In his keynote speech to this year’s UITP held in Stockholm, the author and artist Christoph Niemann emphasized an aspect of the transport industry that is often overlooked – transport of emotions! The central theme of his speech was this: “The moment I see a city’s transit system, I feel like I understand the place.”
But public transport can do so much more than just generate the feeling of understanding. In Vienna, the relief of lost tourists is instantly visible when they finally see the large blue letter “U” marking the entrance into a U-Bahn (subway) station. In La Paz, public transport is considered a chance for a better life by many locals. But naturally, not everyone always perceives this easily accessible connection so positively.
Especially during the summer, the emotions of travellers in overcrowded bendy buses in a hot city are rather mixed. Then again, for those seeking protection from the pouring rain, the countless public transport places offering shelter are more than welcome. For children, public transport represents freedom and a first opportunity to become independent.
A public transport network represents much more than just a connection between two points and the passengers’ awareness of this fact will hopefully grow with time. In many places, it is already so: in London, the locals cannot imagine living without their famous red buses; Koblenz residents, too, love their cable car which was built during the 2011 garden exhibition.
A more recent example can be found in Tokyo. The hype around the little Pokémon monsters remains unbroken since their invention in the 1990s. The Japanese are very proud of this their export hit. This excitement is now to be transferred also to the area of public transport – Tokyo’s new monorail has been designed in the Pokémon style. Tentatively from 2020, the Pokémon cable railway will run on a major route between the airport and the city centre.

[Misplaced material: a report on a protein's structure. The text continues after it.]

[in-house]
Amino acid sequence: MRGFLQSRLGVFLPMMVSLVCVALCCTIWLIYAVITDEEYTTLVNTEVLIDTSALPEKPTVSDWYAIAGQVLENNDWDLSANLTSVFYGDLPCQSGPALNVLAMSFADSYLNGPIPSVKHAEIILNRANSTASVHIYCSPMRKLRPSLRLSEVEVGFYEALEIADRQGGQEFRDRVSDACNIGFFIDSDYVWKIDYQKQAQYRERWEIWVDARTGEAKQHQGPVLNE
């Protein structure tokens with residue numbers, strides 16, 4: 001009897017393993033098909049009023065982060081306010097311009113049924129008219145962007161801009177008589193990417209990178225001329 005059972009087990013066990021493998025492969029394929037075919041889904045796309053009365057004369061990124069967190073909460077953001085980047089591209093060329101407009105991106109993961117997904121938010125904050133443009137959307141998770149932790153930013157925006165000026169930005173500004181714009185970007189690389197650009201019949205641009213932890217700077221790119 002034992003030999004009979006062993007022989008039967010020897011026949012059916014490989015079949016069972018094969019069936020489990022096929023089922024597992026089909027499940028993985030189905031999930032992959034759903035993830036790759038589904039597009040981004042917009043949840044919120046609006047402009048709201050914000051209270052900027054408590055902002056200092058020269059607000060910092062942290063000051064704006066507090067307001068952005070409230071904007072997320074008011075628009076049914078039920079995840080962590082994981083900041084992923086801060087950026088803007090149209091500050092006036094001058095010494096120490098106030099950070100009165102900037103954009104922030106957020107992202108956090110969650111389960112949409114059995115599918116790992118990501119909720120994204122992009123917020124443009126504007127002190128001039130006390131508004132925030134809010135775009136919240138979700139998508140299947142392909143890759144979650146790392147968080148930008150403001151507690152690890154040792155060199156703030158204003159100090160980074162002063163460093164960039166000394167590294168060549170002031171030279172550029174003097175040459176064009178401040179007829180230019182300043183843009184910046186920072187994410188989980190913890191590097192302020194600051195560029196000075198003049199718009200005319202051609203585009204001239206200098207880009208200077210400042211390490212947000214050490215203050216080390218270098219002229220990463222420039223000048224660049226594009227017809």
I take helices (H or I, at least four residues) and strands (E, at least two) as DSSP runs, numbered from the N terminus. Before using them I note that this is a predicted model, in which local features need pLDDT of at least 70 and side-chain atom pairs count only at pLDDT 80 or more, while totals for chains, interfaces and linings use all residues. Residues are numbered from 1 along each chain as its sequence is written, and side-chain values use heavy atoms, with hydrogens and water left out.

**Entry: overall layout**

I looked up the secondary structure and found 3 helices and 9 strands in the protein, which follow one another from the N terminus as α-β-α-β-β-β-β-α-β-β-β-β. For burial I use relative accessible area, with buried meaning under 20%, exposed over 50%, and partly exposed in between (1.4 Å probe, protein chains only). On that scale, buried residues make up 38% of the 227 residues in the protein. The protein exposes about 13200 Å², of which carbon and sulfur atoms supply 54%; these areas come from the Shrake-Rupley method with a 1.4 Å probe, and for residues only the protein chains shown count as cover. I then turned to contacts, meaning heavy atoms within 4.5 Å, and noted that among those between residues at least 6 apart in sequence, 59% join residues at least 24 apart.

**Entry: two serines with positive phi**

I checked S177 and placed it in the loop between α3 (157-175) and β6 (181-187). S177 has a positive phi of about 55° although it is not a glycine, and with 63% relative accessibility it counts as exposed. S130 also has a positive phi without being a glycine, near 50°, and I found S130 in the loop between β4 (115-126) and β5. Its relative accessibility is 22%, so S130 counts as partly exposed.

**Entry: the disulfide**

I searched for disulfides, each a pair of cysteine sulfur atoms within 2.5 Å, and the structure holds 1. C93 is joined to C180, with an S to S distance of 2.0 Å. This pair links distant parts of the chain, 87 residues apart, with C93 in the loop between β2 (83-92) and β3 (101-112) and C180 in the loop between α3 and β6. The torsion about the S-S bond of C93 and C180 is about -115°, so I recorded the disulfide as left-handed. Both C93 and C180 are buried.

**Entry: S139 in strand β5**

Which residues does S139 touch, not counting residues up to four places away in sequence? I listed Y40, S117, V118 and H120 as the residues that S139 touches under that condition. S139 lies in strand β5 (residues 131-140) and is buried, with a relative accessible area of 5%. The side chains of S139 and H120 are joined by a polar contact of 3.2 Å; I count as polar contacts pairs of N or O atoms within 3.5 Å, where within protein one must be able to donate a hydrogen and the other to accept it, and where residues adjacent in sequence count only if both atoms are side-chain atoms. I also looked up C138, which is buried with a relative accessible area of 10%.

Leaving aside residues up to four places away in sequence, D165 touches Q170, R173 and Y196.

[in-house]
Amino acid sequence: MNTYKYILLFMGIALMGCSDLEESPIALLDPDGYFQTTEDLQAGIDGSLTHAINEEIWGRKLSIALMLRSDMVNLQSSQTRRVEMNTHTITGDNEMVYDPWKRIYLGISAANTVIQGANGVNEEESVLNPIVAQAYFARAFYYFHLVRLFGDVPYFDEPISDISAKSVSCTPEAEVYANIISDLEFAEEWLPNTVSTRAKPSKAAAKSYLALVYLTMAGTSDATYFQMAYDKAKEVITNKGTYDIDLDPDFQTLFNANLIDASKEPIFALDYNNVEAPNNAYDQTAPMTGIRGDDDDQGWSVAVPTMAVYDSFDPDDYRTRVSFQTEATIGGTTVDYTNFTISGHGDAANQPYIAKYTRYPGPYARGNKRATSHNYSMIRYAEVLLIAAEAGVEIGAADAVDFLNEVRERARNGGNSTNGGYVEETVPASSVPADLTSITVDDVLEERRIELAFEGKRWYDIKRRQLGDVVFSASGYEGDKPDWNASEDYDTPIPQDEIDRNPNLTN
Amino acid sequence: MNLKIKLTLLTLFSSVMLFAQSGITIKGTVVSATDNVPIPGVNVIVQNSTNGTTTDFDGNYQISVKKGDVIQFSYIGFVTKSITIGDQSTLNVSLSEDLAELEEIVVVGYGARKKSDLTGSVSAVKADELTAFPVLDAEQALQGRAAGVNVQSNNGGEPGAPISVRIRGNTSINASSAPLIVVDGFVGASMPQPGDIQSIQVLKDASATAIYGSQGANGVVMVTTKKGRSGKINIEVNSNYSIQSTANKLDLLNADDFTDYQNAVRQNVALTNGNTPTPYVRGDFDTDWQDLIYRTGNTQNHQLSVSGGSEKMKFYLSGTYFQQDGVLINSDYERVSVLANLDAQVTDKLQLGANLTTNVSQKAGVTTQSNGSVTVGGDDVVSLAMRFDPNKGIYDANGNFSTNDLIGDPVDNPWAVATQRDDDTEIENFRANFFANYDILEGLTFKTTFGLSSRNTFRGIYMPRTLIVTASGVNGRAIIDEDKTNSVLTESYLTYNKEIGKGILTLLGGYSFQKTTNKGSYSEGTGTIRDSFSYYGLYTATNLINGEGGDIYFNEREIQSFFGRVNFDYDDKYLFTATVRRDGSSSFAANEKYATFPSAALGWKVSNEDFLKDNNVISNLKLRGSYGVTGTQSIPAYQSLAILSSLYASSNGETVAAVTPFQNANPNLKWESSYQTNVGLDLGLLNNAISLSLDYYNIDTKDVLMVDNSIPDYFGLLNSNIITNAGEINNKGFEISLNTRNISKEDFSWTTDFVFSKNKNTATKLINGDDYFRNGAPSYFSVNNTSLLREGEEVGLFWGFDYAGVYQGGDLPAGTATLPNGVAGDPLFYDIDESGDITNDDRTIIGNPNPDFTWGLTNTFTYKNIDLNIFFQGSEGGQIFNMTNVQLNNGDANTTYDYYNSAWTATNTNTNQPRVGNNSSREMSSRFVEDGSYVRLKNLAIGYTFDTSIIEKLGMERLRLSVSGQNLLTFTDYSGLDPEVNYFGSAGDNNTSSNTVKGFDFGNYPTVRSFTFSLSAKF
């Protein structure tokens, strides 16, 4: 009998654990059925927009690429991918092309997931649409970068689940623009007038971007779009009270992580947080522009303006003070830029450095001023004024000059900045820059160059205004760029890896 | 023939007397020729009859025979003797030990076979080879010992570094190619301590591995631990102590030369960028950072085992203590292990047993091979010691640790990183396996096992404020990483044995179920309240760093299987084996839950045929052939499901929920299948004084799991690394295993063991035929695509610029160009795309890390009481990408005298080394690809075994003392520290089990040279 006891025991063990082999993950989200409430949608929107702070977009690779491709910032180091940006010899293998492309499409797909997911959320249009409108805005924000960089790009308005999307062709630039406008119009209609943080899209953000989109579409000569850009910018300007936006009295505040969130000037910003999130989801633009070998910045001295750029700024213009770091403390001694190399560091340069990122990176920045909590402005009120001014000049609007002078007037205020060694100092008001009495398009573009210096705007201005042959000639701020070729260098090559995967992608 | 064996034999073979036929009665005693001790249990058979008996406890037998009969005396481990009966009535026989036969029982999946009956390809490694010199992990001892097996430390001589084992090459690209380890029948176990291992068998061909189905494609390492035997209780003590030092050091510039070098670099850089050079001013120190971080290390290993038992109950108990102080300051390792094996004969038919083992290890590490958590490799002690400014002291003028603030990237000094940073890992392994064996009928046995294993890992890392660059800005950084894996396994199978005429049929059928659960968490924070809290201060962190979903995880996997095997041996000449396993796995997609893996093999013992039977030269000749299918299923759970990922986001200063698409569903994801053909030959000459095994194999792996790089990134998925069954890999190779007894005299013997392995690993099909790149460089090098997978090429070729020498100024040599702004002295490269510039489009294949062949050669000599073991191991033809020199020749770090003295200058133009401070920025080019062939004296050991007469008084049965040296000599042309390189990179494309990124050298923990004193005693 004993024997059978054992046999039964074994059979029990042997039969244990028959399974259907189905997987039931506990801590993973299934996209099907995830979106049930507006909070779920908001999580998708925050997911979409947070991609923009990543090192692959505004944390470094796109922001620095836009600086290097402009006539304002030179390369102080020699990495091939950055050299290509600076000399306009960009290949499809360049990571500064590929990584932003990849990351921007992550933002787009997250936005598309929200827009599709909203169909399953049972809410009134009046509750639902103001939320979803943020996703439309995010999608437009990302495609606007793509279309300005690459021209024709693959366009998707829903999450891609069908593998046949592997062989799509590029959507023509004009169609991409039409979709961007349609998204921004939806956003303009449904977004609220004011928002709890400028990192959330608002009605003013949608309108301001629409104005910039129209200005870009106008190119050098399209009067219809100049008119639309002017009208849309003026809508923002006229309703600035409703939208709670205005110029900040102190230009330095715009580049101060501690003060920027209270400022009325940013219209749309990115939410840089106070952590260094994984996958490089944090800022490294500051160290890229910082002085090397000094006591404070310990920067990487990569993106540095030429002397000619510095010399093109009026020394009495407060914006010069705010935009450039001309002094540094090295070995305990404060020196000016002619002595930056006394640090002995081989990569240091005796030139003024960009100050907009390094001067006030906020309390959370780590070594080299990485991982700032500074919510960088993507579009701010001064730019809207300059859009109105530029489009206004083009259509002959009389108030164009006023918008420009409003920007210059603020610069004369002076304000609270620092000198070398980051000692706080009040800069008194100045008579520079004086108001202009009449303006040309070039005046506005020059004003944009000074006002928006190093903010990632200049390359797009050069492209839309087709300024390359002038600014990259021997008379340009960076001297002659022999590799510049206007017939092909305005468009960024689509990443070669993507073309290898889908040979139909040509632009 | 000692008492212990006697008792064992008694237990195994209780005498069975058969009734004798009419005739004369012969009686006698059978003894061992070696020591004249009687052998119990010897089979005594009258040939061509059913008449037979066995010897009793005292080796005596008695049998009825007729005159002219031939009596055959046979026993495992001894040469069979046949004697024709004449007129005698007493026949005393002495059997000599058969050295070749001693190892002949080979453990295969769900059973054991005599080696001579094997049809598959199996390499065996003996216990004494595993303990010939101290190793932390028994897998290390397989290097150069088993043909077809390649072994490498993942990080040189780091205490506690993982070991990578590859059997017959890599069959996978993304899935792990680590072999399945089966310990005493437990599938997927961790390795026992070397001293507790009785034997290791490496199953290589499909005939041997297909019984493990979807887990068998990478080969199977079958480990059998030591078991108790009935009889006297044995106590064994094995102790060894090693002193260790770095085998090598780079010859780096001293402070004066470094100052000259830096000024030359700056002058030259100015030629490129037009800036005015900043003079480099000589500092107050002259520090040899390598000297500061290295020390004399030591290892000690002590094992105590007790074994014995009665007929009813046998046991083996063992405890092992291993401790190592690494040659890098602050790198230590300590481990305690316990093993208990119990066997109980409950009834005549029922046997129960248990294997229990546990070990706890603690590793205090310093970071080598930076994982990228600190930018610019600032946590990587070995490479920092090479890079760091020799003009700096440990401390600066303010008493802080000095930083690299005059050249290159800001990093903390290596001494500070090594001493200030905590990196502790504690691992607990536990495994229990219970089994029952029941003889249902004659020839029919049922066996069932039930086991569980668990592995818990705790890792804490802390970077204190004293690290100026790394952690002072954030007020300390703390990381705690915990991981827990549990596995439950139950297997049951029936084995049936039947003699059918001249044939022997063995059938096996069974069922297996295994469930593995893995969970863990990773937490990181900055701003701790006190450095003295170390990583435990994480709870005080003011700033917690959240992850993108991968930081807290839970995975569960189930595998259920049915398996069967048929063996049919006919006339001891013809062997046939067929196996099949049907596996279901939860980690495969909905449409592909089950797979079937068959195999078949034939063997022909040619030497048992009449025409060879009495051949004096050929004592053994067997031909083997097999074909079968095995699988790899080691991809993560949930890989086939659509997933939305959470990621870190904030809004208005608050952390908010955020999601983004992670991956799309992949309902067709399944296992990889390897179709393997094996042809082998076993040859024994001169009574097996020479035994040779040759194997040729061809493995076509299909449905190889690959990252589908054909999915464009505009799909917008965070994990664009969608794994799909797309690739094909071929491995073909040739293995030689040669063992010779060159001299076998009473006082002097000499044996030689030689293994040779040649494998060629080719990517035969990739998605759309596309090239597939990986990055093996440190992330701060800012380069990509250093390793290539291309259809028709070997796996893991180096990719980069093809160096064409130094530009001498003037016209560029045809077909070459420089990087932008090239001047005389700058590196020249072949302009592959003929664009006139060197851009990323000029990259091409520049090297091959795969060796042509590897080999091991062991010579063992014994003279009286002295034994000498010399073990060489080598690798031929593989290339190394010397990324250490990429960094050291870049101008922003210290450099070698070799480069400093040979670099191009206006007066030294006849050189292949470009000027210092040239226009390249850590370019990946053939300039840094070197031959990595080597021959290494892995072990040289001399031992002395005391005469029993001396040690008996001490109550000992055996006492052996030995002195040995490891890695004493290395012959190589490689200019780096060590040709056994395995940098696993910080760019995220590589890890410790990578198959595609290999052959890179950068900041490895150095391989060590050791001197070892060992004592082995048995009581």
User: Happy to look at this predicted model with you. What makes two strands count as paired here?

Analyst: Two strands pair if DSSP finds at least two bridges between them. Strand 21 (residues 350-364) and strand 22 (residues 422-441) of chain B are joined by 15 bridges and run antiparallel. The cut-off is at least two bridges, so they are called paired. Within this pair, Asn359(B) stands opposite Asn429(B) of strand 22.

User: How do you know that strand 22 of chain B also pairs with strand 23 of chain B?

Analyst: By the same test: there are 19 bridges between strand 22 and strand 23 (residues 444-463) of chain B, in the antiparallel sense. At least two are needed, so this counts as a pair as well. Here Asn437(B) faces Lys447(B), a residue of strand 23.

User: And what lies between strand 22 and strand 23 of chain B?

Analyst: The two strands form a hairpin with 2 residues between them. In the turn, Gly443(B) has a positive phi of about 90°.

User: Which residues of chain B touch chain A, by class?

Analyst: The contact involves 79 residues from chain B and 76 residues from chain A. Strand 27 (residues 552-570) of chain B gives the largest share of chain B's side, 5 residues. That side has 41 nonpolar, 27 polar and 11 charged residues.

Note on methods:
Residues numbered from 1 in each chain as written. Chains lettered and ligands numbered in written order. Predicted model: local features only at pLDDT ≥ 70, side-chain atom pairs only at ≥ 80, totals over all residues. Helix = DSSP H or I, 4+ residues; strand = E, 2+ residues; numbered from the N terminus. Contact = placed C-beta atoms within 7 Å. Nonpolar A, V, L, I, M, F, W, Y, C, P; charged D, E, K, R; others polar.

This is a good example of how enthusiasm about a popular franchise can extend also into public transport.
Transport of people and emotions
When considering the future of public transport systems, the key words that occur at first are usually transport capacity and departure intervals. But urban transport also needs heart. Christoph Niemann is convinced that: “Just like art, public transport is a part of the city’s culture and we, as advocates of sustainable mobility, must work at our end to romanticize public transport and change the way it is perceived.”
There are countless success stories and studies on how emotionalizing a brand has created a customer loyalty effect. However, inner-city transport has only rarely been marketed as an emotional experience. “We must abandon the idea that pub-lic transport only moves people; we must also move hearts and mind,” concludes Niemann. He likes to share the example of his children to illustrate how much emotion can be found in public transport.
His children grew up in New York City and loved its subway. They tried to learn the names of different lines and stops by heart and could not get enough of the rides. Niemann is convinced: “... this made it possible for them to experience the city in their own way.”
Christoph Niemann: Artist, author and animator
He is an artist but in his heart he is just as much an advocate of public transport. Christoph has a genuine interest in public transport and regularly draws artistic inspiration from cityspecific means of transport. His love for them shows clearly in his wall painting designed for the train station in Wannsee, a district of west Berlin.